Come November 19th, in just a few weeks’ time, we will mark the 28th year since the U.S. Men’s National Soccer Team beat Trinidad and Tobago 1-0 in Port of Spain to qualify for the FIFA’s World Cup in 1990.
That is 28 years since that ballistic goal scored by the Americans a shot heard around the world in 1989 as Trinbagonians hyped-up about going to Italy was shattered by the goal from the striker Paul Caliguiri’s lone goal in the 37th minute of the game at the national Stadium in Port Spain before a maiissibe 30,000+ spectators. In fact, some four hours before that game got on the way, officials in Port of Spain had instructed the officials at the venue to stop selling tickets because the stadium was already at full capacity. The entire nation was painted red in support for their team and shots of the crowd simply featured a giant red block. Myself, together with my children and the public in general, all had their red jerseys on with the caption “We going to Italy, 1990.”
Anyone who denied we were not going to Italy were branded as unpatriotic and a traitor to the cause. The country around that time was showing signs of beginning to emerge from an economic depression and everybody had rallied around the team as a kind of a confidence in that the economic recovery was about to occur after the petroleum bubble burst. So there was emotions packed into these expectations and liquor flowed in abundance. Of course we, Trinis like a fete and we partied for so, as confidence mushroomed before and during the match so much so that the Robinson Government granted November 20th – a national holiday. As we all may remember, that game ended on a happy note for the Americans and ended the Cinderella run of the Trinbagonians. That winning took the Americans to their first World Cup in 40 years in Italy and the Trinidadians to boil down as bhaji, as they say.
Since 1989 the USA had not missed a single world cup until their demise Tuesday last and brought about sweet revenge for the Soca Warriors. The Trinis dealt the Americans the Americans a crushing 2-1 upset on a day when they needing only a draw to reach their eighth consecutive World Cup. Instead, the three results combined to drop the Americans to fifth in the six-team CONCACAF tournament, ahead of only Trinidad. The rematch didn’t have near the atmosphere, though. Trinidad’s soccer federation said electrical problems made the national stadium unusable, so they moved the game to a tiny 10,000-seat track stadium in Couva, about half an hour south of Port of Spain. And the stadium was nowhere near filled and the Trinidad authority pleced the number of spectators in the mere hundreds. Of course unlike the 1989 game hype, the Trinis were not expected to win and even if they do win they still could not qualify for the ticket to Moscow.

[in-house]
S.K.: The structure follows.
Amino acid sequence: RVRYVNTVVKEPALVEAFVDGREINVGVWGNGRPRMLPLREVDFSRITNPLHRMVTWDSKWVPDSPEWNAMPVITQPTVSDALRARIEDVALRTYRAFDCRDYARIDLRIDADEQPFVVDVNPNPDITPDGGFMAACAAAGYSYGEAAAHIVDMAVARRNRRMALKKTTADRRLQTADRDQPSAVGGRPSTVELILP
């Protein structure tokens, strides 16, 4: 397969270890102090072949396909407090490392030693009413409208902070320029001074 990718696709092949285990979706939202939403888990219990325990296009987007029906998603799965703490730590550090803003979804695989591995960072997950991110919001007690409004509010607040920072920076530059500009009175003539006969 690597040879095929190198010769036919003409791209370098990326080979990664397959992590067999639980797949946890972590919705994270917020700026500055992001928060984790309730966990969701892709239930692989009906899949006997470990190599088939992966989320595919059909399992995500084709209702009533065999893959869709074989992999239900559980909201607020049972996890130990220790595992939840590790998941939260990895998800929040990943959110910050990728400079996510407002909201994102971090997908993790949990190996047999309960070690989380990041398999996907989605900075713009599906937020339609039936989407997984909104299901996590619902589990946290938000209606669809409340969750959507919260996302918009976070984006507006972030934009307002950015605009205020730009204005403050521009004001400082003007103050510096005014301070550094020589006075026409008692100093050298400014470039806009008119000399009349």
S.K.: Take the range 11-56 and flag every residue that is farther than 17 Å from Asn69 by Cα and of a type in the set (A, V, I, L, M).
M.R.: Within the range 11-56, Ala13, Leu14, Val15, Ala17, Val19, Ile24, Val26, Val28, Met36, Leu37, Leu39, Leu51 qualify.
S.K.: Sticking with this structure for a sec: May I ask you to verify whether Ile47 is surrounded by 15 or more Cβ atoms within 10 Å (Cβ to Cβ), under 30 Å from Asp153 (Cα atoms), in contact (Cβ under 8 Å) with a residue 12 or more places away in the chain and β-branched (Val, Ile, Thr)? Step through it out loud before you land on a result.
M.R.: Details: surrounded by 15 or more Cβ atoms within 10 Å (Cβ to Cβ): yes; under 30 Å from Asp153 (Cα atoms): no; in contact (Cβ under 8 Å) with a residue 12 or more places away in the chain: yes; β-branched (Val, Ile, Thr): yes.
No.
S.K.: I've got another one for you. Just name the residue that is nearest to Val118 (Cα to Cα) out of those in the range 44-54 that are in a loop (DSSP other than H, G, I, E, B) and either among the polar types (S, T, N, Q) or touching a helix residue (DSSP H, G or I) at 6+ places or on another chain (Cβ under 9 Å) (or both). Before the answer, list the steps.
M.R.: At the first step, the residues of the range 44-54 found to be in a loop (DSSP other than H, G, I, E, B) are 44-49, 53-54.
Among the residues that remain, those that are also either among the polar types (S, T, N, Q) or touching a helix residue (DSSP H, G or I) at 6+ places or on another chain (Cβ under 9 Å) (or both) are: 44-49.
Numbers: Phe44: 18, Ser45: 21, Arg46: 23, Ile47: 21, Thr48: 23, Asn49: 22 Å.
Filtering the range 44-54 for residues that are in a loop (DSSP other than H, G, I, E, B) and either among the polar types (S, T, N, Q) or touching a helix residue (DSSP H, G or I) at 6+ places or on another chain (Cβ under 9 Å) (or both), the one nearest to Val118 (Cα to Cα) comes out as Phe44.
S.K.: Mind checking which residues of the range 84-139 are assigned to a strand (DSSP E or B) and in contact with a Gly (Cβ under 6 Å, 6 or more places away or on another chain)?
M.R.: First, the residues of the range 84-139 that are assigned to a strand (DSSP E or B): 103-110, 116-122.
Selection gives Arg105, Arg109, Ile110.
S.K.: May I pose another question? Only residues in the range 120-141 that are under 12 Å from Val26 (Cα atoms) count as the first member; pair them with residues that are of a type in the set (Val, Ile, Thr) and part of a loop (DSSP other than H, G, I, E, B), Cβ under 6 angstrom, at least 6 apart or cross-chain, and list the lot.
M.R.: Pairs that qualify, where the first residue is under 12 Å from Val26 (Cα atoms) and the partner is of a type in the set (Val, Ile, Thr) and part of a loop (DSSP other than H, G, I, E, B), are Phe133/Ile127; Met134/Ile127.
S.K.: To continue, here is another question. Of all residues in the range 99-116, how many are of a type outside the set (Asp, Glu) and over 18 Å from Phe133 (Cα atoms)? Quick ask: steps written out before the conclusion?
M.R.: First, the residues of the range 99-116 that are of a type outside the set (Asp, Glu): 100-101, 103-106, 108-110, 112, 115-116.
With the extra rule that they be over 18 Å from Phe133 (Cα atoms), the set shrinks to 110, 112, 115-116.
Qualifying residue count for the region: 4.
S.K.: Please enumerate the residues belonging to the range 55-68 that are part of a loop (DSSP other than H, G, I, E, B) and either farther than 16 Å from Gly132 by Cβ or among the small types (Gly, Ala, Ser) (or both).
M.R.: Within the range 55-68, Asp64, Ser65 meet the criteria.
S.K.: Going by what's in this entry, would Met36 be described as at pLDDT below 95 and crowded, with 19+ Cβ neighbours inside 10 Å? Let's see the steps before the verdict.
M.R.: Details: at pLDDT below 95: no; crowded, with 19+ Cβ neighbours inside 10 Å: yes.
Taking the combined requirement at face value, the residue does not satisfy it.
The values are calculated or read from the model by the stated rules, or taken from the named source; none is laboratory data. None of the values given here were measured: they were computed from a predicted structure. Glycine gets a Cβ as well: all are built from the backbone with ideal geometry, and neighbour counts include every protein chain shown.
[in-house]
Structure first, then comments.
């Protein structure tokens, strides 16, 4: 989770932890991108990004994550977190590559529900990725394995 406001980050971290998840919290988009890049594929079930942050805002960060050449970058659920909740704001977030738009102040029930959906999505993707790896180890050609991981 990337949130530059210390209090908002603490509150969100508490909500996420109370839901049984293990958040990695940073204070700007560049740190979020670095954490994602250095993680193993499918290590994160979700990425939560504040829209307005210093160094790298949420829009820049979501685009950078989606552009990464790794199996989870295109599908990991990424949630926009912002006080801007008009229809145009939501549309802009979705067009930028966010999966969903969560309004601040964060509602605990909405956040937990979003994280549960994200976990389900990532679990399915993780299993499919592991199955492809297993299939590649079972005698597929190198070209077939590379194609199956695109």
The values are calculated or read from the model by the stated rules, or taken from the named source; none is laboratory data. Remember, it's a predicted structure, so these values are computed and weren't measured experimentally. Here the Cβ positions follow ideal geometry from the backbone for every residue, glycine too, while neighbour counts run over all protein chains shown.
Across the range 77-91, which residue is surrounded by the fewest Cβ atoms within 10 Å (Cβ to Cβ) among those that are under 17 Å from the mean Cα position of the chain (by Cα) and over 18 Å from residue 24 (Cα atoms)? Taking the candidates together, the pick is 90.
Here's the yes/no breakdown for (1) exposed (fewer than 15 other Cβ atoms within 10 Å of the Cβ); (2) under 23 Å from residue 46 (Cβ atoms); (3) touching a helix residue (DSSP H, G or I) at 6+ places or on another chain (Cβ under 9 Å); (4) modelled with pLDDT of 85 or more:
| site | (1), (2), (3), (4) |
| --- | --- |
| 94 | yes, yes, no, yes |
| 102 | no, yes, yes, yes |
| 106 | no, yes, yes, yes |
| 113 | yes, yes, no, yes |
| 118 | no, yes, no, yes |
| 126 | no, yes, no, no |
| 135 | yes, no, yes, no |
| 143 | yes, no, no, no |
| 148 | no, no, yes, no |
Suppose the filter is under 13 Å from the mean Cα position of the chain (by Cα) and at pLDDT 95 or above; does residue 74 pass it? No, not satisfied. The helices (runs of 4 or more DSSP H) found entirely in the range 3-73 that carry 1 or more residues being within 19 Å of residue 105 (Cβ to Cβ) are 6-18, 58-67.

The 28th FIFA ranking of the Americans needed merely a tie against 83rd-ranked Trinbagonians, who, lost their fourth straight world qualifier last week. One should recall the Trinbagonians reached the first round of the World Cupp in 2006 wher they drew with Sweeden 1-1 and lost to Englend 0-1 in the 86th minute. hey reached the first round of the 2006 FIFA World Cup and held the record of being the smallest nation (both in size and population) to ever qualify for a FIFA World Cup, until the 2018 FIFA World Cup, when Iceland broke the record.
“I never thought I’d see this day,” said Omar Gonzalez, who hadn’t been born the last time the U.S. missed soccer’s biggest event.
“It’s the worst day of my career,” continued the former Galaxy defender, whose first-half own goal was the difference between the U.S. going on or going home. “I don’t even know how to put into words what I’m feeling.”
Now the U.S. expects to be there, every time.
Browsing the Internet today, you’ll see video of Caliguiris’ famous strike from distance and quotes from the men involved. But historic soccer moments often lose a little something when stripped of their context. That’s why Paste Soccer contributor Bill Reno has gone one step beyond, reinserting that context—including an interview with Trinidad and Tobago’s keeper that day, Michael Maurice— so you can relive maybe the most momentous day in the history of American soccer.
So flip your calendars all the way back to 1989, and prepare to relive Trinidad and Tobago vs. the U.S. Men’s National team, complete with pre-match notes, video of the entire game as experienced on television in 1989 (including 15 in-game) commercials, and post-match quote
This was one of the best Trinidad and Tobago teams they had ever fielded and even though America was 6-1-0 (w-t-l) against them all time,
But Caligiuri’s goal also eliminated Trinidad, which had needed only a draw to advance to the World Cup — and the Soca Warriors haven’t forgotten that.
The rematch didn’t have near the atmosphere, though. Trinidad’s soccer federation said electrical problems made the national stadium unusable, so they moved the game to a tiny 10,000-seat track stadium in Couva, about an hour south of Trinidad’s capital. And the stadium was nowhere near filled.
It didn’t take long for Trinidad to show the U.S. this wouldn’t be its day. Arena, breaking from his usual practice of rotating his lineup, started the same 11 players he used last Friday in a rout of Panama and the team came out flat. Trinidad, with nothing but revenge to play for, was flying.
Shahdon Winchester appeared to put Trinidad up in the fourth minute, easily beating U.S. goalkeeper Tim Howard, but the goal was waved off because Winchester was offside.
Thirteen minutes later Winchester was back — this time well onside — and when Alvin Jones targeted him with a cross, Gonzalez stepped in front and the ball struck him in the shin, bounding over Howard and into his own goal to give Trinidad a lead it never gave back. “One of the most unlucky goals ever,” Gonzalez said. “It’s one that will haunt me forever.”